There is no doubt that we are living in a world of accelerated pace of change and disruptive technologies that will
continue to impact traditional business models, not only in services but also in the entire industrial sectors and value
Many organizations we work with recognize the need to promote culture change, to adapt and develop agility and
flexibility in the face of the uncertainty and volatility of the external environments. Many recognize that people, not
capital assets are the critical resource in this new environment and in the past weeks the word I have heard most often
in very diverse organizations when talking about their culture is the need to encourage “cooperation”, almost always
followed by “transversally”.
What do we mean by cooperation? The Oxford dictionary defines cooperation as:
“The action or process of working together to the same end”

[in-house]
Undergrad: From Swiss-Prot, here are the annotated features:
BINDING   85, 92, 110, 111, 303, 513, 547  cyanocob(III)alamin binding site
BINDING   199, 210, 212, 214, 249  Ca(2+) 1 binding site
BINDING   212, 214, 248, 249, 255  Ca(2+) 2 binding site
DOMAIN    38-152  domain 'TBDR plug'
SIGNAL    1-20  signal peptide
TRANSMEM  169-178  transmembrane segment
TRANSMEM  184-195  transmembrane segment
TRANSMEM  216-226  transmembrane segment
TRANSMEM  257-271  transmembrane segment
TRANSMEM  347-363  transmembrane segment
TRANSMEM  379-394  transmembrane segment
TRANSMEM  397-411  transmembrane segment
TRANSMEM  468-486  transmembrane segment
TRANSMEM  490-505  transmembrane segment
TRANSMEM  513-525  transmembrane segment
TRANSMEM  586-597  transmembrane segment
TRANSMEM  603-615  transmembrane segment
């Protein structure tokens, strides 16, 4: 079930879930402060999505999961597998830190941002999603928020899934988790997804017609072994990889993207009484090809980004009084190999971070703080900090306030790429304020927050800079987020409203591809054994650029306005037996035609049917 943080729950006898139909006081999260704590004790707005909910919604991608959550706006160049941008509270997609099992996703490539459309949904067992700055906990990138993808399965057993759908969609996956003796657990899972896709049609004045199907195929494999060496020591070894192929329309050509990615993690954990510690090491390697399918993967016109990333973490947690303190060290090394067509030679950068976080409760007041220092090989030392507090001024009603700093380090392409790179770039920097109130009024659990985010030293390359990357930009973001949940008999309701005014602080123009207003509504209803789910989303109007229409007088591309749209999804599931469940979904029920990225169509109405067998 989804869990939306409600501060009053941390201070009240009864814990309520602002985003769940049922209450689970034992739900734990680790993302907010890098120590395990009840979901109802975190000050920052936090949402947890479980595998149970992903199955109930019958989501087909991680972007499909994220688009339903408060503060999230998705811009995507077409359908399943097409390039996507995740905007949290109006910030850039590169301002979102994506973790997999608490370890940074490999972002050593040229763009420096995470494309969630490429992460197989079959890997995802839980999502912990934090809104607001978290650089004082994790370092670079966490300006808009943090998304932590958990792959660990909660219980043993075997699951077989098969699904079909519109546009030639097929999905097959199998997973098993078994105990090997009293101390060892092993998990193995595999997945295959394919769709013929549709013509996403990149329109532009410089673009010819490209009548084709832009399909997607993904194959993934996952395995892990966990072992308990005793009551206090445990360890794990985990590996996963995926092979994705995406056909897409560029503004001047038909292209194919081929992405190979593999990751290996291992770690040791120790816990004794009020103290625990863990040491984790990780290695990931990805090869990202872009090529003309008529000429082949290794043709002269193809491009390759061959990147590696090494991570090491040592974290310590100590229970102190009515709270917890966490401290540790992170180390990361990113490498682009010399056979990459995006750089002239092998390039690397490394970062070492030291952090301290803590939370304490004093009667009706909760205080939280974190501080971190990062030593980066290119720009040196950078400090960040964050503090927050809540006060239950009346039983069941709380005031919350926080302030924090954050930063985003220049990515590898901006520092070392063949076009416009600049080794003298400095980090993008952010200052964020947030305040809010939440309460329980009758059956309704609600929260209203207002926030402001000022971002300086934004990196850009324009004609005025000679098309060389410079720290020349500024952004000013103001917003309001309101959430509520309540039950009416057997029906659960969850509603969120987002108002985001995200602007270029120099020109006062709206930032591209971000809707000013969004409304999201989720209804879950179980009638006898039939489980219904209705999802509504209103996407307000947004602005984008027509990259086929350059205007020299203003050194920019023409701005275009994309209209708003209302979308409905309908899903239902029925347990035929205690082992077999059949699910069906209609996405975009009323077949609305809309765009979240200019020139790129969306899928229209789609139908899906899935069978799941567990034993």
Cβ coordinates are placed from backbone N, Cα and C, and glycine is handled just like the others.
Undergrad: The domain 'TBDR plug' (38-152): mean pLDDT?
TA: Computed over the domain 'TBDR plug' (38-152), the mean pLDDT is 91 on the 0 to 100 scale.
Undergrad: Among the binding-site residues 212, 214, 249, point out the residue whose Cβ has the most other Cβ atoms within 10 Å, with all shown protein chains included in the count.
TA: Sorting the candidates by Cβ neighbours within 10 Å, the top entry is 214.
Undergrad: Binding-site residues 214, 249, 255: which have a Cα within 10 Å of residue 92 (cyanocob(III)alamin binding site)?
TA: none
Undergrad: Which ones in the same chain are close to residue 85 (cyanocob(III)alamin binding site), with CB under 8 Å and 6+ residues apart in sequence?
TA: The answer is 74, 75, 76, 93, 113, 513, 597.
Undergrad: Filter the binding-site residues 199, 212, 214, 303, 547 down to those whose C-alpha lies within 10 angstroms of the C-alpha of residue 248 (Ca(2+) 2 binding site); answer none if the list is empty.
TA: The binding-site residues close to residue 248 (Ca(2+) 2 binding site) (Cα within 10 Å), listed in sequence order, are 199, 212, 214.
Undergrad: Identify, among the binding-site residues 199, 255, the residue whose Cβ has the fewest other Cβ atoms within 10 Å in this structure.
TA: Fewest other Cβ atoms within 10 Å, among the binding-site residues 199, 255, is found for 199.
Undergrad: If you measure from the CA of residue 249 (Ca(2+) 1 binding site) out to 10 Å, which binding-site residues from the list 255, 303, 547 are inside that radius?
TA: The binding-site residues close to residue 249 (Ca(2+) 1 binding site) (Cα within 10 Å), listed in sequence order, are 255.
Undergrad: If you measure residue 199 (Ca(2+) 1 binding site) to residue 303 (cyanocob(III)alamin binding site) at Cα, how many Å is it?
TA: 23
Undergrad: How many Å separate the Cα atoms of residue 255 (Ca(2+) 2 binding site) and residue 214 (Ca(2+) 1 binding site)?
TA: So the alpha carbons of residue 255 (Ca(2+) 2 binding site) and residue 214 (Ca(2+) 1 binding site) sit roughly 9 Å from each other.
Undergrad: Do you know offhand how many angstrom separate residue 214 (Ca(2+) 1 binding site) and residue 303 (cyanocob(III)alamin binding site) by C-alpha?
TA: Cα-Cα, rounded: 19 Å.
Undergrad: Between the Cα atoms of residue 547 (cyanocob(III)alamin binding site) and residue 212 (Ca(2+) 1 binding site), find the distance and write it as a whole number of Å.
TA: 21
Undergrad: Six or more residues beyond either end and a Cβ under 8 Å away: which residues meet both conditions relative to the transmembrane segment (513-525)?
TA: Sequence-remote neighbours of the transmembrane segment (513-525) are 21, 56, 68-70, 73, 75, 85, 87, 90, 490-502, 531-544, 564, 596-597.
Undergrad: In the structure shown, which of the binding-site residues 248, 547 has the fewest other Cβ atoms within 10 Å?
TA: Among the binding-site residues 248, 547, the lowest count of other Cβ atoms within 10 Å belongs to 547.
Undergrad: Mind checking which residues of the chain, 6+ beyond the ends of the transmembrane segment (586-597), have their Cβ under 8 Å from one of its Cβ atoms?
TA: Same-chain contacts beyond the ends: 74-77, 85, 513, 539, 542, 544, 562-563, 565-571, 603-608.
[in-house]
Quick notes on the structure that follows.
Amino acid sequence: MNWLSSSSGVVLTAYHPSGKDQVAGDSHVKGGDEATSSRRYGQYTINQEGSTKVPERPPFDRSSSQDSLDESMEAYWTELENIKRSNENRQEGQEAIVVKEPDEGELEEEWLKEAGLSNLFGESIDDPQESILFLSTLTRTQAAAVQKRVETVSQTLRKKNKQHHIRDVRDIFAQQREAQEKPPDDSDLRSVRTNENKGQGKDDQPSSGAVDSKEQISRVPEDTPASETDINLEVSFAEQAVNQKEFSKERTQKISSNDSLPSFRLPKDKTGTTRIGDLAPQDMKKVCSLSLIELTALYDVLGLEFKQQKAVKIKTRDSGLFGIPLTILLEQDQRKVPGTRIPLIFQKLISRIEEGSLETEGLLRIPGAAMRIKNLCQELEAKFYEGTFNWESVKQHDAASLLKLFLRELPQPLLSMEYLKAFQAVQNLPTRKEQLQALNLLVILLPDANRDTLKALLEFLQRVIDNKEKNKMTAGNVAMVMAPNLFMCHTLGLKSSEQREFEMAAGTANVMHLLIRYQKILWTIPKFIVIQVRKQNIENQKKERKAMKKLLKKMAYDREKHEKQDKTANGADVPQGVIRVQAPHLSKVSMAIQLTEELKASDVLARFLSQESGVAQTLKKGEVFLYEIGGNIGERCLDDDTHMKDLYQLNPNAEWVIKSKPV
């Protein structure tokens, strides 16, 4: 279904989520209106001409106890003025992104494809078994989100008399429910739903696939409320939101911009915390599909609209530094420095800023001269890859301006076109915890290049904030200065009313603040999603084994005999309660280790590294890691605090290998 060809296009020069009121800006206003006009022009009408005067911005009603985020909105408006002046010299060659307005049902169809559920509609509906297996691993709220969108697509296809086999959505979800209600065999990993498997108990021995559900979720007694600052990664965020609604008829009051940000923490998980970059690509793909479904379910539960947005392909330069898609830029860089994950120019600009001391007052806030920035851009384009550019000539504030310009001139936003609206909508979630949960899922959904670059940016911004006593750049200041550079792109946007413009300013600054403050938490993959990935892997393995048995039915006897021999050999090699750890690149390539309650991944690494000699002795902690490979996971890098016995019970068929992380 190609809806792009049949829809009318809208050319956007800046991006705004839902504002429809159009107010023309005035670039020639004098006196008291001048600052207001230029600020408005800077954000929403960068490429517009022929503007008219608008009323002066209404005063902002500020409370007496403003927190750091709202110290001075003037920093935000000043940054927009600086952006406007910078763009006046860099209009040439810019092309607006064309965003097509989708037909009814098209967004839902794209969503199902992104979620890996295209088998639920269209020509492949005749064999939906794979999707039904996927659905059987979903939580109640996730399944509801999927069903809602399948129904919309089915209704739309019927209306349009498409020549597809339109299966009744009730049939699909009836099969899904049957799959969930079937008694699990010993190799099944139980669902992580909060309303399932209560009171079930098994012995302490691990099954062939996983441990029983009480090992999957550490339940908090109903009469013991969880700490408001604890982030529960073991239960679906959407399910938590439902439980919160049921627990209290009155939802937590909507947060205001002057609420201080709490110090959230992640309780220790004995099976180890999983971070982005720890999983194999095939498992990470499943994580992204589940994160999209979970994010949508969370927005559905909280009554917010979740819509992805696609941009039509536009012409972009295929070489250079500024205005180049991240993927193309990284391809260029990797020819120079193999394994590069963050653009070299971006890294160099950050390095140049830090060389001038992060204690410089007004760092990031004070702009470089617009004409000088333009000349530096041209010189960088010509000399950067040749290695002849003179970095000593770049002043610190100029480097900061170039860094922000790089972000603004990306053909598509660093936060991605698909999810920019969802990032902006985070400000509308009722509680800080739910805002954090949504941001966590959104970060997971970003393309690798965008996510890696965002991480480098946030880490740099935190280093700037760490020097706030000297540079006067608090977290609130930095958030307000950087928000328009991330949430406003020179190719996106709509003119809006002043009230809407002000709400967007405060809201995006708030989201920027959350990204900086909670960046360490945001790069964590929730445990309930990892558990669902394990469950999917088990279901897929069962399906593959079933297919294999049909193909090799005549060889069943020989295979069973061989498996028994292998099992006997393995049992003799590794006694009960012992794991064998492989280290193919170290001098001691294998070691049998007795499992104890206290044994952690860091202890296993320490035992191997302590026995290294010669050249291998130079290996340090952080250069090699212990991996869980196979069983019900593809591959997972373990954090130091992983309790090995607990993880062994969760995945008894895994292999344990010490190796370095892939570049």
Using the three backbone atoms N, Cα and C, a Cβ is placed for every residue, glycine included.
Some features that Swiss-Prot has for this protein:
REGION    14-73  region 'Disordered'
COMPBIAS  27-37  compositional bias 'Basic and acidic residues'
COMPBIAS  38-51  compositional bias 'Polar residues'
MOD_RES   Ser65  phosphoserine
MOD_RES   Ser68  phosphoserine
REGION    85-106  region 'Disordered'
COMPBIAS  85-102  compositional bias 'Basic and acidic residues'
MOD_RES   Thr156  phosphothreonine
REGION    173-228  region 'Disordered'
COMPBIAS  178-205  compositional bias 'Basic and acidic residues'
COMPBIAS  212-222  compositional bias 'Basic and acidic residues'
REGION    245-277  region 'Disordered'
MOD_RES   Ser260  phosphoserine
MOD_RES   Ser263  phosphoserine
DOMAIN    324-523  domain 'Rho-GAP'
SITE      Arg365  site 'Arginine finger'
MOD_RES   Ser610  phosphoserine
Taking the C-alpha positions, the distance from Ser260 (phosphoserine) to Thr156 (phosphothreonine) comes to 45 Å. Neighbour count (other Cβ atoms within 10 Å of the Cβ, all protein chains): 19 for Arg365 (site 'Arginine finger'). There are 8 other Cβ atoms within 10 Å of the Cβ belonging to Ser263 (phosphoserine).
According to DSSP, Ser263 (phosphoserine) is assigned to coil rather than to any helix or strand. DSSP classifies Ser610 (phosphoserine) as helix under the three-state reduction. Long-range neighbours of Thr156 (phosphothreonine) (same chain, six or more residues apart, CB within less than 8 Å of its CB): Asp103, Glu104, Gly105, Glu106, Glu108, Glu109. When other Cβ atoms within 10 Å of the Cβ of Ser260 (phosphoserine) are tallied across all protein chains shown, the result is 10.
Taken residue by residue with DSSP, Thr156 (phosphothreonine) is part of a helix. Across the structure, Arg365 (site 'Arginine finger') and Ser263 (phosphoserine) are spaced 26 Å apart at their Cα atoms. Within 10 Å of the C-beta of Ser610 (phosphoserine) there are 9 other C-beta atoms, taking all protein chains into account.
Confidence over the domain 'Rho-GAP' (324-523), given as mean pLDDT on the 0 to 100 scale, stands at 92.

When you look at how results are produced in an organization, cooperation happens all the time: very little gets
accomplished by single contributors.
Why do we find this urge to foster cooperation? What does it tell us about the current conditions in an organization,
where “cooperate transversally” is seen as a missing behavior or skill?
There may not be a simple, single response to the questions above;, however, as a leader driving accountability for the
culture in your organization, asking yourself the following questions can be useful:
– Do we have a clear intention about what we mean by cooperation, for our organization?
– Is our intention explicit and actionable?
– Are we aligned as a leadership team behind this intention and how it will demonstrate itself, in action?
– What barriers, and successful ways of working in the past, will we need to overcome, or overturn?
– Do we encourage diversity of thinking?
– What practices are now obsolete, and what new practices are needed for cooperation to be alive, including rewards and
– What decision rights must we reconsider, to empower our teams at the right